Third Party & Independents Archives

Broken Borders Around the World

Illegal immigration is a global problem. Failed states, or partially failed states, send waves of refugees and economic migrants streaming to where they believe they will find better opportunity. As they come from failed states, they are unaccustomed to living under the rule of law. That is, to living in a state where the rule of law is applied in a reasonably just manner. As such, they are desperately willing to do just about anything to reach their goal. In Budapest Hungary, the train station has been shut down these last few days to allow authorities to clear the station of illegals from the Middle East and Central Asia mostly, desperate to get on a train for Austria. Where they then get on a train for Germany. And some will likely take a few more trains to Calais in France in the hope of crossing the channel into the UK.

Australia has a tough policy to deal with the boat people who pile into rusty vessels and head south from Southeast Asia having also come from Afghanistan in some cases. They are forced away from the country's shores and taken to detention centers offshore or on Papau New Guinea, for example. Some boats return to their country of origin. South Africa is a magnet for Zimbabweans fleeing the economic chaos and authoritarianism of their home country. In South Arica the hand at the border is a little less severe than in Oz: they are called irregular immigrants and there is a move to provide them with documentation. President Zuma, however, has stated that illegal immigrants won't be tolerated and his son Edward caused a fuss by saying that foreigners were "taking over the country."

Aside from failed states sending out desperate migrants, there is the case of entry points as well. Hungary is at the end of a long path up through Turkey, Greece, the rest of the Balkans, and into Eastern Europe in the hope of gaining entry into the EU core countries. The other route of course is across the Mediterranean into Italy and Spain. And in Spain you can try to scale the barbed wire fence surrounding the enclaves of Ceuta and Melilla; both on the Moroccan coast. As well, in Spain - as also the case in America - many Latin Americans arrive on a flight with a visa and then overstay.

Can America and it's partners in the EU actually rebuild failed states? And solve the problem at its source? The evidence in the Middle East and Afghanistan suggests not. That leaves two options: ensure the borders are reasonably secure and actually mean something; or build lots of holding centers and accept the fact that you will receive a steady stream of illegals that you must find a way to accommodate into your society. Most target nations try to do a little of both. Some defend their border more rigorously like Australia. A particularly perverse case is Argentina - much loved by immigration activists by the way - with a non-existent northern borders across which Paraguayans, Bolivians, and Peruvians stream and head straight to ghettos in Buenos Aires where they happily participate in an enormous drug trade and other illegal activities. And the government is suspected of, at best, turning a blind eye, or even participating in, the drug trade.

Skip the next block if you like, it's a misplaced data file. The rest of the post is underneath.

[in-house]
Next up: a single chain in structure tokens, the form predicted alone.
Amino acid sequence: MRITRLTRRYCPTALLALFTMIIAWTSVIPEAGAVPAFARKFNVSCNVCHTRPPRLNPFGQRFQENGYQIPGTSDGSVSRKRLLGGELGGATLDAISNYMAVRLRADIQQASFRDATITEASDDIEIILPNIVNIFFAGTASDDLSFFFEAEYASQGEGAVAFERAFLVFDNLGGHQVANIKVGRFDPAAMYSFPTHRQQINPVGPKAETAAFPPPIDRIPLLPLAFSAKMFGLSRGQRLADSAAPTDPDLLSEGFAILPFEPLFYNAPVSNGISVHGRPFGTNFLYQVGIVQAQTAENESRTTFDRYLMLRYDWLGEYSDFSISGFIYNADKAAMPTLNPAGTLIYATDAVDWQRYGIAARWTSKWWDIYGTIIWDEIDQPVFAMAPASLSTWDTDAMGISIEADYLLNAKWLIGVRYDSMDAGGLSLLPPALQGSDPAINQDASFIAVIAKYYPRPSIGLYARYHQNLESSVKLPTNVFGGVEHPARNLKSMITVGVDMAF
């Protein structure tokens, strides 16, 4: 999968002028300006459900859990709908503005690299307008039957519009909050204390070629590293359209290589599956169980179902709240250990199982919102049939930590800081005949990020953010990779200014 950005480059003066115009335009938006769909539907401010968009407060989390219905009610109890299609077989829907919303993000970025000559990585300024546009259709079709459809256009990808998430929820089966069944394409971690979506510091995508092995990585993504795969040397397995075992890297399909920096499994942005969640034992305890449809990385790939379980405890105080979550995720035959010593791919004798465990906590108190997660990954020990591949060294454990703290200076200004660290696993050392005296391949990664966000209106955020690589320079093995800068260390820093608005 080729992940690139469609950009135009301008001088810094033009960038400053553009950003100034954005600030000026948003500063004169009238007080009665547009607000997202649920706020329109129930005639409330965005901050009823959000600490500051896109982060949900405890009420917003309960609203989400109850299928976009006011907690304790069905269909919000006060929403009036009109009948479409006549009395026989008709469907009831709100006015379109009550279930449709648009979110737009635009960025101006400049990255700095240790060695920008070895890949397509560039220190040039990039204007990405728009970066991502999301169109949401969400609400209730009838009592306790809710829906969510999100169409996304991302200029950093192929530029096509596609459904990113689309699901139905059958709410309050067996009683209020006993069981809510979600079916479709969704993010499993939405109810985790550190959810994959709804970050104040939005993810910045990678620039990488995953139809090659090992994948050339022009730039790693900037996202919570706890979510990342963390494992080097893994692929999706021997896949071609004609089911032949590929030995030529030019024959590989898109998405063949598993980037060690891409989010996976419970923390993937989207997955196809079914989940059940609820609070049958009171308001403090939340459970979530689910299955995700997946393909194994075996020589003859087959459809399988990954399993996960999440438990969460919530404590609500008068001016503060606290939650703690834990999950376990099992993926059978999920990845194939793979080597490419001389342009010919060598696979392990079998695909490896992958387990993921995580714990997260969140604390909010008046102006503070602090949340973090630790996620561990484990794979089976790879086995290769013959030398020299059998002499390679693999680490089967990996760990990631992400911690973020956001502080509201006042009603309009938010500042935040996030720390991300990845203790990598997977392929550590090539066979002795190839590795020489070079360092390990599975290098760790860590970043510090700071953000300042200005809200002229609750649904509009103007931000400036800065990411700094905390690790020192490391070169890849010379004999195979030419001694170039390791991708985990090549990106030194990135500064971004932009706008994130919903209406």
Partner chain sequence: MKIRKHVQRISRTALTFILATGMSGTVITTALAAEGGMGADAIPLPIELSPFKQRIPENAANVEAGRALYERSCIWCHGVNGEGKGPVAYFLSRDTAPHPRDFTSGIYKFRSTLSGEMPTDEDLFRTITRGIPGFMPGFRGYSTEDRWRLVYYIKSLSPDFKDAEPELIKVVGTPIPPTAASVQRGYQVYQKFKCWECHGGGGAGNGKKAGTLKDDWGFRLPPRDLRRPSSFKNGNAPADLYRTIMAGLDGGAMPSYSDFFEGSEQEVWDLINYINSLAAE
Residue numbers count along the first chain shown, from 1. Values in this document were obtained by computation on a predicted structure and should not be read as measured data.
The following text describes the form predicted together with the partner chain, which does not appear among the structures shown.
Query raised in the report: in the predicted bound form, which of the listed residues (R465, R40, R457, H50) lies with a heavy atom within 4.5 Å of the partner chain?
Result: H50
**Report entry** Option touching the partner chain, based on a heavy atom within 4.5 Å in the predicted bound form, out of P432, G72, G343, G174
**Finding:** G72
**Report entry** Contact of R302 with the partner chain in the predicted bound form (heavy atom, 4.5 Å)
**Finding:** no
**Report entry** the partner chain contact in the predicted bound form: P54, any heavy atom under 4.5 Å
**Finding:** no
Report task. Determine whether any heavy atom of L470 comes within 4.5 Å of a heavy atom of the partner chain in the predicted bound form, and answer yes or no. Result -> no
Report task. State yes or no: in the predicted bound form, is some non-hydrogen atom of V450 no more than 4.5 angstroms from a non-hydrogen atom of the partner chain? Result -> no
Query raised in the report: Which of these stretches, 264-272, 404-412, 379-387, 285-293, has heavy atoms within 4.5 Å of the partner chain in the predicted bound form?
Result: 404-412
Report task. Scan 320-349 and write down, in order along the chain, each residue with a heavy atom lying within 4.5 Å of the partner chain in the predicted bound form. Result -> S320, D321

So between the examples of Australia and Argentina, one can safely assume that most Americans would choose the former in terms of its immigration policy. The border is a legal definition. You ignore it, and you ignore the law, and you invite lawlessness - by definition but also by extension.

Posted by AllardK at September 3, 2015 2:59 PM
Comment #398197

Well posted, Allardk. Instead of globalism that knocked the pins from wealthy nations capable of doing something to help the world, we need to maintain a strong manufacturing/production capability and with that a strong R%D capability and a strong middle class.

Then we could better help the developing world with aid, loans , and help to build infrastructure, transportation and the like.

From my perspective the most blame for the ME crisis, largest migration since WWII, Russia in the Baltics, China and Russia playing war of the Alaskan coast can be placed on the Executive. Portraying weakness and a lack strong leadership just won’t cut it, IMO.

Otherwise - - -

Posted by: roy ellis at September 4, 2015 4:45 PM
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